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How would an individual in medieval times, the days of castles, knights and horses, be able to make a quick fix smoke bomb, I read out of potassium nitrate and sugar, but I'm pretty darn sure you cannot get that from bananas, he is in the jungle and has options but not a lab to assist,

Is there any recipe he could make in the wilderness to throw on a fire and make an escape using the smoke produced. I need this though, so he can escape a staged distraction in one of my scenes, thanks for any answers.

Think I Have The Solution, Thanks For The Input! From the answers the idea I've come to is, dig a pit, fill it with dry grass or dry plant matter and some branches, coat it in oil//gunpowder from a stolen barrel and throw some wet grass on top, maybe some leaves to separate it, someone said oil would be able to withstand water, and I already know gunpowder cannot so oil seems reasonable. To add to the smoke besides just wet grass, if it was a long trench that would create more area for more smoke, the trench would allow a log to be rolled ontop, creating less air and from what I understand, more smoke while the oil continues to burn rapidly.

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    $\begingroup$ Please give us an example date and location from Earth's history as a point of reference. The Chinese had primitive gunpowder from an early age, but it wasn't available until the mid-to-late medieval period. Or, perhaps more simply, tell us whether or not gunpowder is completely excluded from your question. $\endgroup$ – JBH Dec 18 '18 at 5:37
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    $\begingroup$ As requested above: Be more specific about time period, location (climate) and season. Is your individual really in the middle of wilderness, or in a populated area? (ie is there access to produced substances or just what grows?) Is this a relatively dry season or in the middle of a monsoon? $\endgroup$ – Guran Dec 18 '18 at 7:16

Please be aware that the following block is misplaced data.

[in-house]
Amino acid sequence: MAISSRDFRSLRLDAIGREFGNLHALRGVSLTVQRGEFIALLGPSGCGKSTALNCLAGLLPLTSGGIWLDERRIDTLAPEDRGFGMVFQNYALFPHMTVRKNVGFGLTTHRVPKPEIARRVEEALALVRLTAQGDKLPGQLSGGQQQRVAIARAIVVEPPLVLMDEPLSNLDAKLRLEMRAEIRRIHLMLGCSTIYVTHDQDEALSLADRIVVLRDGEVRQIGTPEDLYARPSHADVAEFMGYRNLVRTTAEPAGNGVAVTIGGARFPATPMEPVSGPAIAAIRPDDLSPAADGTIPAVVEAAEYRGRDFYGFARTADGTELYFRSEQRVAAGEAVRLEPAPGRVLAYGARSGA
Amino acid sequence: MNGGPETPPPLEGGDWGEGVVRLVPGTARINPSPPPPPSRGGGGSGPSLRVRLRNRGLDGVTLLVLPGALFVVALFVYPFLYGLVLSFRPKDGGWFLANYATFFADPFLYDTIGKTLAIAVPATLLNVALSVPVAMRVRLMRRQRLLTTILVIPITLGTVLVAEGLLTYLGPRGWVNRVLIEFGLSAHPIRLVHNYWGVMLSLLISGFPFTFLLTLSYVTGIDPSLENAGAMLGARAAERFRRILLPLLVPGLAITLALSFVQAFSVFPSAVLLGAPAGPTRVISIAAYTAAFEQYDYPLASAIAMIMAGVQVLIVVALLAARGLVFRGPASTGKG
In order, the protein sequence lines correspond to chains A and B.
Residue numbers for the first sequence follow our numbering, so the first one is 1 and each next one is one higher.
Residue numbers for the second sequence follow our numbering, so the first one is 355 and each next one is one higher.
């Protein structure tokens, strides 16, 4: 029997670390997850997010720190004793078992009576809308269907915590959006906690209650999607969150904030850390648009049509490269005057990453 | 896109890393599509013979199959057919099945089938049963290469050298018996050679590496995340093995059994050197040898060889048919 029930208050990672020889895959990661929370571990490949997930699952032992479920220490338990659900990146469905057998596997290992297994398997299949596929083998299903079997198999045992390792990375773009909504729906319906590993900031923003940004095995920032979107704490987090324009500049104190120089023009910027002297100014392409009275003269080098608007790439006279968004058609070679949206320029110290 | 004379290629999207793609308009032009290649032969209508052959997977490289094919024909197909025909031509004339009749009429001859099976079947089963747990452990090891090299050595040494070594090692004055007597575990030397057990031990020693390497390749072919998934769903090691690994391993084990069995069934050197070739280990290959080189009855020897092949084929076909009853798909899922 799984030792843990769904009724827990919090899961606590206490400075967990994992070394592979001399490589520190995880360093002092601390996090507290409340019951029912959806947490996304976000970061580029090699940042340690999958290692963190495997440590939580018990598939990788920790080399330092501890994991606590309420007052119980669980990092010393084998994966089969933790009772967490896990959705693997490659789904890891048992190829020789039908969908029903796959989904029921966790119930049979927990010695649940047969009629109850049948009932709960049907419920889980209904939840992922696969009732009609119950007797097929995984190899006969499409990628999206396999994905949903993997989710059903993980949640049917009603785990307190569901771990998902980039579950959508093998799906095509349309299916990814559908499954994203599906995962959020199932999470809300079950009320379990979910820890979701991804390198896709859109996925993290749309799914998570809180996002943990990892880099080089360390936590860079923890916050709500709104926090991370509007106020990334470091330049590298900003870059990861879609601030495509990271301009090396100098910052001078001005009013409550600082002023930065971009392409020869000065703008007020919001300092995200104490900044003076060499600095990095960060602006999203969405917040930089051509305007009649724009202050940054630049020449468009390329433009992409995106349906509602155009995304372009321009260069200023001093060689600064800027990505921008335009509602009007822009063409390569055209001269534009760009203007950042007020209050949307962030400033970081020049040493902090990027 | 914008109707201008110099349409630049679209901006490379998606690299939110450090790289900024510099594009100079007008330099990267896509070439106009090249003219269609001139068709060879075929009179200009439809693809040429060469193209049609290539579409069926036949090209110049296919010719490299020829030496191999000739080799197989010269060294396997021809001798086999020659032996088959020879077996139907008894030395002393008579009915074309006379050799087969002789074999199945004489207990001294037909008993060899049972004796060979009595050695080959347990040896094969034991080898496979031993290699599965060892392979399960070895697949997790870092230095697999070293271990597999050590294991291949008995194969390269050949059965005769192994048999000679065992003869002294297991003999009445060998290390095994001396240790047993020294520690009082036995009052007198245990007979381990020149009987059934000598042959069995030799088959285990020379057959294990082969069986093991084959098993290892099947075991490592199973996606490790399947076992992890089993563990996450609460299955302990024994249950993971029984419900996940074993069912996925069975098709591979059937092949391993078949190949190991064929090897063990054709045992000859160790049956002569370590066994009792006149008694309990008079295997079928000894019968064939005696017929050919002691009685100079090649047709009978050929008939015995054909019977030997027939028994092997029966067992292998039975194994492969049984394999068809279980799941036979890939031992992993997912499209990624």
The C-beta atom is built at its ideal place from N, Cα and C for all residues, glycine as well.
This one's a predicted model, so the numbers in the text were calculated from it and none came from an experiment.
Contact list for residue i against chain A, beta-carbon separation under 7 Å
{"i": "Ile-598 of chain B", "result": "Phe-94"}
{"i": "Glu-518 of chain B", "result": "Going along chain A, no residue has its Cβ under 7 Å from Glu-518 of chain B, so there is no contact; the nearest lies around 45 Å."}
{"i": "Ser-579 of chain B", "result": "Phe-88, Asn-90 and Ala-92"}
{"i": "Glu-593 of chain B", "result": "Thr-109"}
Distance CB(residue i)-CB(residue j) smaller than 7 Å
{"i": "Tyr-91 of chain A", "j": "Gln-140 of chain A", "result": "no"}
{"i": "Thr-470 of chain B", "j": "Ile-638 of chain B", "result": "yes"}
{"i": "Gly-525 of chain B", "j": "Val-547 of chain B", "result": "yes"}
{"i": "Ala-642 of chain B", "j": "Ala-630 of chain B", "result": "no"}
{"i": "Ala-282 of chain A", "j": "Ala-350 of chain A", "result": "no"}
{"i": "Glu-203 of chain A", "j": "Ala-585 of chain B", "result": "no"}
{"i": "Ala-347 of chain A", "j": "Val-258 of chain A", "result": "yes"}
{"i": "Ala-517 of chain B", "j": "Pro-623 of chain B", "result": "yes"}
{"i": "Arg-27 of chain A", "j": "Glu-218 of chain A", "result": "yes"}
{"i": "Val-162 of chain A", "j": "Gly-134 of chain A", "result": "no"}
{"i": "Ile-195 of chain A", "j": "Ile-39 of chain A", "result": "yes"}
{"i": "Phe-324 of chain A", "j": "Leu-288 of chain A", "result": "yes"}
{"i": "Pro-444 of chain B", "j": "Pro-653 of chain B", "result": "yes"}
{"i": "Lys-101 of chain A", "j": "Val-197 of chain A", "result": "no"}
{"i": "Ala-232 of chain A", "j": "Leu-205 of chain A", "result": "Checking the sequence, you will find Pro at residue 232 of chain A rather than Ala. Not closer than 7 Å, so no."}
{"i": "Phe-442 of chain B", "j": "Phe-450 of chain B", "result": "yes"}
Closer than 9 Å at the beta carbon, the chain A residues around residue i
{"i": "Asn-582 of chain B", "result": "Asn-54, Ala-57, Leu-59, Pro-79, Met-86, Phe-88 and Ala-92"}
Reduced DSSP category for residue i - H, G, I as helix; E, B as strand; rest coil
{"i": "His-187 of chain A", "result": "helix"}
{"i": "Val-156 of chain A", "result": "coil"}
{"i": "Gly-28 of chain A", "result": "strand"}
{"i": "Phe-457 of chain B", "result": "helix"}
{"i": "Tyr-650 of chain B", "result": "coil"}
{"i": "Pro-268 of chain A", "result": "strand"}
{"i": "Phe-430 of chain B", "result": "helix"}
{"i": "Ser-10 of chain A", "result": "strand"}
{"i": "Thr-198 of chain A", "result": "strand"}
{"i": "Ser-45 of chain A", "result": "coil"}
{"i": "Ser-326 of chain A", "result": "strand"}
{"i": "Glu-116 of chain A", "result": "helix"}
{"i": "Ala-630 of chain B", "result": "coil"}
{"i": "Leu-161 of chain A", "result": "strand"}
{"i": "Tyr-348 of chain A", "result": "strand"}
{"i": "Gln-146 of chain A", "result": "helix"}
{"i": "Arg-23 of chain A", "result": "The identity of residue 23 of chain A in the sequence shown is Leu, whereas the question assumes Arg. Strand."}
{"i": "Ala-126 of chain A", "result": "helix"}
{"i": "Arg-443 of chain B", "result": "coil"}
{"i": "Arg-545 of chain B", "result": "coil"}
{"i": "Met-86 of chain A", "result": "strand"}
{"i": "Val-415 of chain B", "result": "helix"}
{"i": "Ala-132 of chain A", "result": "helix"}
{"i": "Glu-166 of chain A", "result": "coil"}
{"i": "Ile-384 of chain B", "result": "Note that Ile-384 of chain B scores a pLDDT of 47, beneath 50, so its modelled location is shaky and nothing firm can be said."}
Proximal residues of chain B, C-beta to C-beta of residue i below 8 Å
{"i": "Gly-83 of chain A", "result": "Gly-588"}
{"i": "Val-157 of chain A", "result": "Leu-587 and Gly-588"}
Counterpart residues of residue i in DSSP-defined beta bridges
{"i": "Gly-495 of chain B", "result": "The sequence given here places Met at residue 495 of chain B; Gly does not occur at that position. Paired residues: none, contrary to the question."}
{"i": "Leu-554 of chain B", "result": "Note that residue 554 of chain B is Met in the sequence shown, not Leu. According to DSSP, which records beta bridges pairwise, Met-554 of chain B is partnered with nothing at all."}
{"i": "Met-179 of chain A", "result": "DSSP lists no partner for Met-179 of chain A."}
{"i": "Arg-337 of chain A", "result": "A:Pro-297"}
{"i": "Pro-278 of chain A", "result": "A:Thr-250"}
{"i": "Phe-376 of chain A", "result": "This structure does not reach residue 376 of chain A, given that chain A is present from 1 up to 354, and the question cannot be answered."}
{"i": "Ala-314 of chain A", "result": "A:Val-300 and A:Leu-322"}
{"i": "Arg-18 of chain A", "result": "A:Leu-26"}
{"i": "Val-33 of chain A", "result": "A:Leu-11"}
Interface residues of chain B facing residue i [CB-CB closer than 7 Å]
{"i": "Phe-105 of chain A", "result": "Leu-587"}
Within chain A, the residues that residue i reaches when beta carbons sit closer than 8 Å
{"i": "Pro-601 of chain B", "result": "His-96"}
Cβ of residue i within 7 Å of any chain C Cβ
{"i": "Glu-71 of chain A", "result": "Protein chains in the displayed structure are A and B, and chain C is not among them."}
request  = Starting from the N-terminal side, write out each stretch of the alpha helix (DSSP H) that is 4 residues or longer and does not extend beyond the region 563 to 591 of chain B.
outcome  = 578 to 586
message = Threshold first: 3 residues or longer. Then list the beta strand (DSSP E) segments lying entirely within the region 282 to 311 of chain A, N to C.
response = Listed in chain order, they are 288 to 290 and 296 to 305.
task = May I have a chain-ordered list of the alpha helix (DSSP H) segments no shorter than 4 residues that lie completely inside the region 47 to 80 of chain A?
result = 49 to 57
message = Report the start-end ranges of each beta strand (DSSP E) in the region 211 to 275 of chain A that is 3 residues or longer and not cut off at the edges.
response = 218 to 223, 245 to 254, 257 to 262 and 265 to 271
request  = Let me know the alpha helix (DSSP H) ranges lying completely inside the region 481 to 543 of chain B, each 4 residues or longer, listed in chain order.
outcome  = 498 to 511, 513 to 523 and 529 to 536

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Speaking from experience, the best way is to mix materials that burn well with materials that don't while limiting the amount of air that can get in. One thing that would work is to mix oil, some form of tinder and some wet grass or waterlogged wood shavings. The oil keeps the fire burning and causes the wet material to smoke more, place inside a bottle or coconut with small holes in the bottom and some larger ones on top and boom, smoke out!

Only slight problem is that if you have more oil than wet grass is that you will have a fire after a few minutes.

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Instead of a smoke bomb, you could also make a dust explosion. First the Dust acts as a cover and the explosions follows scaring any pursuers off. The ensuring chaos from the explosion then keeps anyone from chasing after your individual as they all flee for their lives. (I assume he throws it into the air, and it takes some time to reach the open fire).

Your individual would need to spend some time grinding wood or burnable materials into a fine powder and preferrably hold it in a pouch which you can later throw and set on fire. It could be even more spectacular if you could find some Magnesium to add that extra flash.

(You could also extract starch from certain plants, trees or vegetables, make it into a powder and use that if you don't like grinding wood chips all day).

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    $\begingroup$ There's no need to go to such lengths yourself - flour and sawdust should both be available in good quantities in a medieval setting, and both work pretty well for this purpose. Just be sure to keep them somewhere dry until needed, then throw hard at a solid surface near an open flame. Preferably while standing well back. $\endgroup$ – anaximander Dec 18 '18 at 10:33
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From the Wikipedia page on smoke bomb (emphases mine)

Home-made smoke bombs, even preceding Yale's 1848 invention, were and are most commonly used in pranks and street conflicts. They are typically made from materials that burn poorly and contained in vessels with limited air intake that thwart combustion.

You say he is in the jungle, and there is a lot of green woods there. When you burn green wood you get a lot of smoke, without needing a dedicated recipe, because the green wood contains a lot of water that thwart combustion. Even better if it is wet from rain.

smoke from burning green wood

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